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Scoliosis

Overview

Scoliosis refers to an abnormal, sideways curvature in your spine (backbone). Everyone has a natural, slight curvature to their spine, but, with Scoliosis, the curve is much more significant and can hinder movement, cause pain, and affect what otherwise would be natural, everyday activities. Most Scoliosis cases begin to occur as an adolescent, typically during a growth spurt, as this is when your backbone will undergo the most stress and change in growth. Scoliosis typically causes the spine to form sideways in the shape of an "S" or a "C", and can cause severe disability.

What causes Scoliosis?

While most Scoliosis cases are idiopathic or, in other words, developed spontaneously, many cases are congenital, which means the Scoliosis is present at birth. A fraction of cases also develop due to a number of muscular diseases that directly cause the spine to grow abnormally. Although most believe genetics to be a cause of adolescent idiopathic Scoliosis, there is no scientific evidence to back that theory, and many tend to fall back on natural growth spurt malfunctions. With congenital Scoliosis, the fetus simply fails to take correct form and is birthed with the disease.

What are the symptoms of Scoliosis?

Symptoms for Scoliosis are very limited. Typically, there are none. However, Scoliosis can cause an obvious and significant sideways curve in the spine, which, in turn, causes pain in the lower back and restricted movement. This can also cause uneven hip and shoulder alignment.

How is Scoliosis diagnosed?

Patients typically undergo a physical exam from their physician in order to diagnose Scoliosis. Typically, the patient is asked to remove his or her shirt and bend over, allowing the physician to better see the spine, as bending over tightens the back and causes the spine to protrude. If recommended, an X-ray will be performed to see the spines total irregular shape and alignment.

How is Scoliosis treated?

Treatment depends on the severity of the Scoliosis. Some cases do not need treatment at all, while others may call for back braces and physical therapy. In severe cases of Scoliosis, surgery may be recommended to straighten out the backbone as much as possible, but is usually only recommended after the patient has passed his growth spurt. In any case, Scoliosis is a significant disease, and seeing a physician is highly recommended.

Why Choose Become Pain Free?

From chiropractors to pain management specialists to expert spine surgeons, Become Pain Free can help get rid of your pain so you can get your life back on track. To learn more about how we can help, fill out the form on the right or call 888-373-3720. We'll connect you with the right specialist so you can stop living in pain.Call Become Pain Free... your pain solution.

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Posture and Neck Pain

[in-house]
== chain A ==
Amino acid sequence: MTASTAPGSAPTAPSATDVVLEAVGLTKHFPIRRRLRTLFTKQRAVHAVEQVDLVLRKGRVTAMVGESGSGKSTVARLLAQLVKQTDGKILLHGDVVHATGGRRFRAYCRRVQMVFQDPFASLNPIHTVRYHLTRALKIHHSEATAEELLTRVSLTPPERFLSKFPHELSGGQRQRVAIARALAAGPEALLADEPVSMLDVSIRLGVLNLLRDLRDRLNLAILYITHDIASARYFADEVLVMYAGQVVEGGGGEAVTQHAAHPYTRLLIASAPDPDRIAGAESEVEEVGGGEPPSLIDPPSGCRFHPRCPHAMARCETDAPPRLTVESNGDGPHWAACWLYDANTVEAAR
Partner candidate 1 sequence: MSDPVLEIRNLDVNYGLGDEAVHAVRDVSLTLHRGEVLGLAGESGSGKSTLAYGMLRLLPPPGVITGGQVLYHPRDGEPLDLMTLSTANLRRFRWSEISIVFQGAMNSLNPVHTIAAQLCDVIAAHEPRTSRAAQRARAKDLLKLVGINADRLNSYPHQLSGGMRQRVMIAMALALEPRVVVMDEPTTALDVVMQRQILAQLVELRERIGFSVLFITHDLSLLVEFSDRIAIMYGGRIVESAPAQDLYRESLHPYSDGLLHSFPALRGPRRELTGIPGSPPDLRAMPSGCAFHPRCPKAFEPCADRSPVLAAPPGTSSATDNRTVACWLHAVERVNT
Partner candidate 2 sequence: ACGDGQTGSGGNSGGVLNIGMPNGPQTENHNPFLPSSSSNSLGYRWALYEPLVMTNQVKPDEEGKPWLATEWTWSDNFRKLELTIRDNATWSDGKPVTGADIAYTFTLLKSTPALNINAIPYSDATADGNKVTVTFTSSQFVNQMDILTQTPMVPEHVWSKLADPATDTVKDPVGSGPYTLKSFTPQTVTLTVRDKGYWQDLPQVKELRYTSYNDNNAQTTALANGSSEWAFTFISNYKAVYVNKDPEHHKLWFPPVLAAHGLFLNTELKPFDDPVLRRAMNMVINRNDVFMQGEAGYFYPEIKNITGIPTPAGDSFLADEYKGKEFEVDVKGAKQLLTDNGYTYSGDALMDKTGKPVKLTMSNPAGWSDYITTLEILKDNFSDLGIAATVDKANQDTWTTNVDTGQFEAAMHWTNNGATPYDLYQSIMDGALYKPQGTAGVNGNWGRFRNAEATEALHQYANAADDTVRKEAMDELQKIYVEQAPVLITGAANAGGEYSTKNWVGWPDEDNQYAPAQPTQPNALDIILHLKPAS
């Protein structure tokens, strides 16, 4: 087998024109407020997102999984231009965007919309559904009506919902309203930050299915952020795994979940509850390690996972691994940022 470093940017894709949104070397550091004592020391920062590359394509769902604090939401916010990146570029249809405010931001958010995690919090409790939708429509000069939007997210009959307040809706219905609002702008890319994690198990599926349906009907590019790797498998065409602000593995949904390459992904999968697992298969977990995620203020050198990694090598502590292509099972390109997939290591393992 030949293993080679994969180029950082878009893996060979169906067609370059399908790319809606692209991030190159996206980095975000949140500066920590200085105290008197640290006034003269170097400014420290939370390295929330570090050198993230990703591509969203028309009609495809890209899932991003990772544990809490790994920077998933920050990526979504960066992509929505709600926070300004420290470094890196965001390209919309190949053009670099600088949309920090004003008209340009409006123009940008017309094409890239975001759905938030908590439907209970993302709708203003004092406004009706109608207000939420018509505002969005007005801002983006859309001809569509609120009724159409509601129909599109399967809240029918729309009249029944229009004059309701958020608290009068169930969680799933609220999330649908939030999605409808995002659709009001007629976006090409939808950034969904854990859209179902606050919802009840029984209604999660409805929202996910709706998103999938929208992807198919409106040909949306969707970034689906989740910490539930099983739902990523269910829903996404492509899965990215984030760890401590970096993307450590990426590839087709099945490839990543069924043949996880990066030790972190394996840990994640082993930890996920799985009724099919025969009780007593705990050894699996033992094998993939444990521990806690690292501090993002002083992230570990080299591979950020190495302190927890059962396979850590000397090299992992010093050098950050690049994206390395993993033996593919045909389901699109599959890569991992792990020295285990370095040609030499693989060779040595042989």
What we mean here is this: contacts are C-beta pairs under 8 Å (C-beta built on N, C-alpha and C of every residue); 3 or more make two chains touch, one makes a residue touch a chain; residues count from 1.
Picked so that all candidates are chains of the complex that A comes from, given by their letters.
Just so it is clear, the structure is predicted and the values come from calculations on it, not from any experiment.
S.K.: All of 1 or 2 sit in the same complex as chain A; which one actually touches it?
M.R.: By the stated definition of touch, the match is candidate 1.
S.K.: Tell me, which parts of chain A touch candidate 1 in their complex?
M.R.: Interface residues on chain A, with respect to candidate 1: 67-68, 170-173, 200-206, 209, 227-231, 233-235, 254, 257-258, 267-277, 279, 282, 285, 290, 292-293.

Chronic neck pain is a miserable experience. Although some cases of neck pain are caused by an injury, many are simply due to poor posture. Poor posture stresses the muscles of the neck and can cause muscle spasms, stiffness and pain. Over time, the stresses of poor posture on the neck can cause degenerative diseases to develop in the discs and bones of the neck. Forward head A very commonly seen posture that puts a lot of strain on the neck is the forward head. The individual habitually thrusts the head forward, carrying it out in front of the shoulders. In this position, the weight of the head is constantly pulling on the spine and the shoulders. Sitting for hours hunched over a desk or a computer is a common cause of forward head. Many people with this habitual forward head carriage suffer from sore shoulders as well as a sore neck. Over time, the vertebrae at the base of the neck (C5 and C6) can develop painful degenerative conditions due to the constant weight of the head pulling on them in the forward head posture. Correct posture A correct posture is one that keeps the spine in alignment. Some people call it a neutral or balanced posture. One exercise to encourage a neutral posture is to focus on opening the chest wide as you try to squeeze your shoulder blades together. Once your chest is open, bring your head into alignment. Think of a string pulling up the top of your head and lengthening the neck. When you do this, your chin will tuck in and your head will naturally shift into proper alignment with your spine. Do the open chest/ string exercise multiple times a day. Other exercises to build better posture are head nods and chin tucks. To do a head nod, slowly nod your head slightly up and down without moving your neck. To do chin tucks, tip your nose down toward the ground and move the top of your head backwards. Repeat head nods and chin tucks several times a day. These exercises strengthen the muscles on the front of the neck. Individuals with habitual forward head posture usually have very weak muscles in the front of the neck. If you've worked hard at correcting your posture and you are still suffering from neck pain, why not give us a call?


Note: The information on this Web site is provided as general health guidelines and may not be applicable to your particular health condition. Your individual health status and any required medical treatments can only be properly addressed by a professional healthcare provider of your choice. Remember: There is no adequate substitution for a personal consultation with your physician. Neither BPF Specialty Hospital, or any of their affiliates, nor any contributors shall have any liability for the content or any errors or omissions in the information provided by this Web site.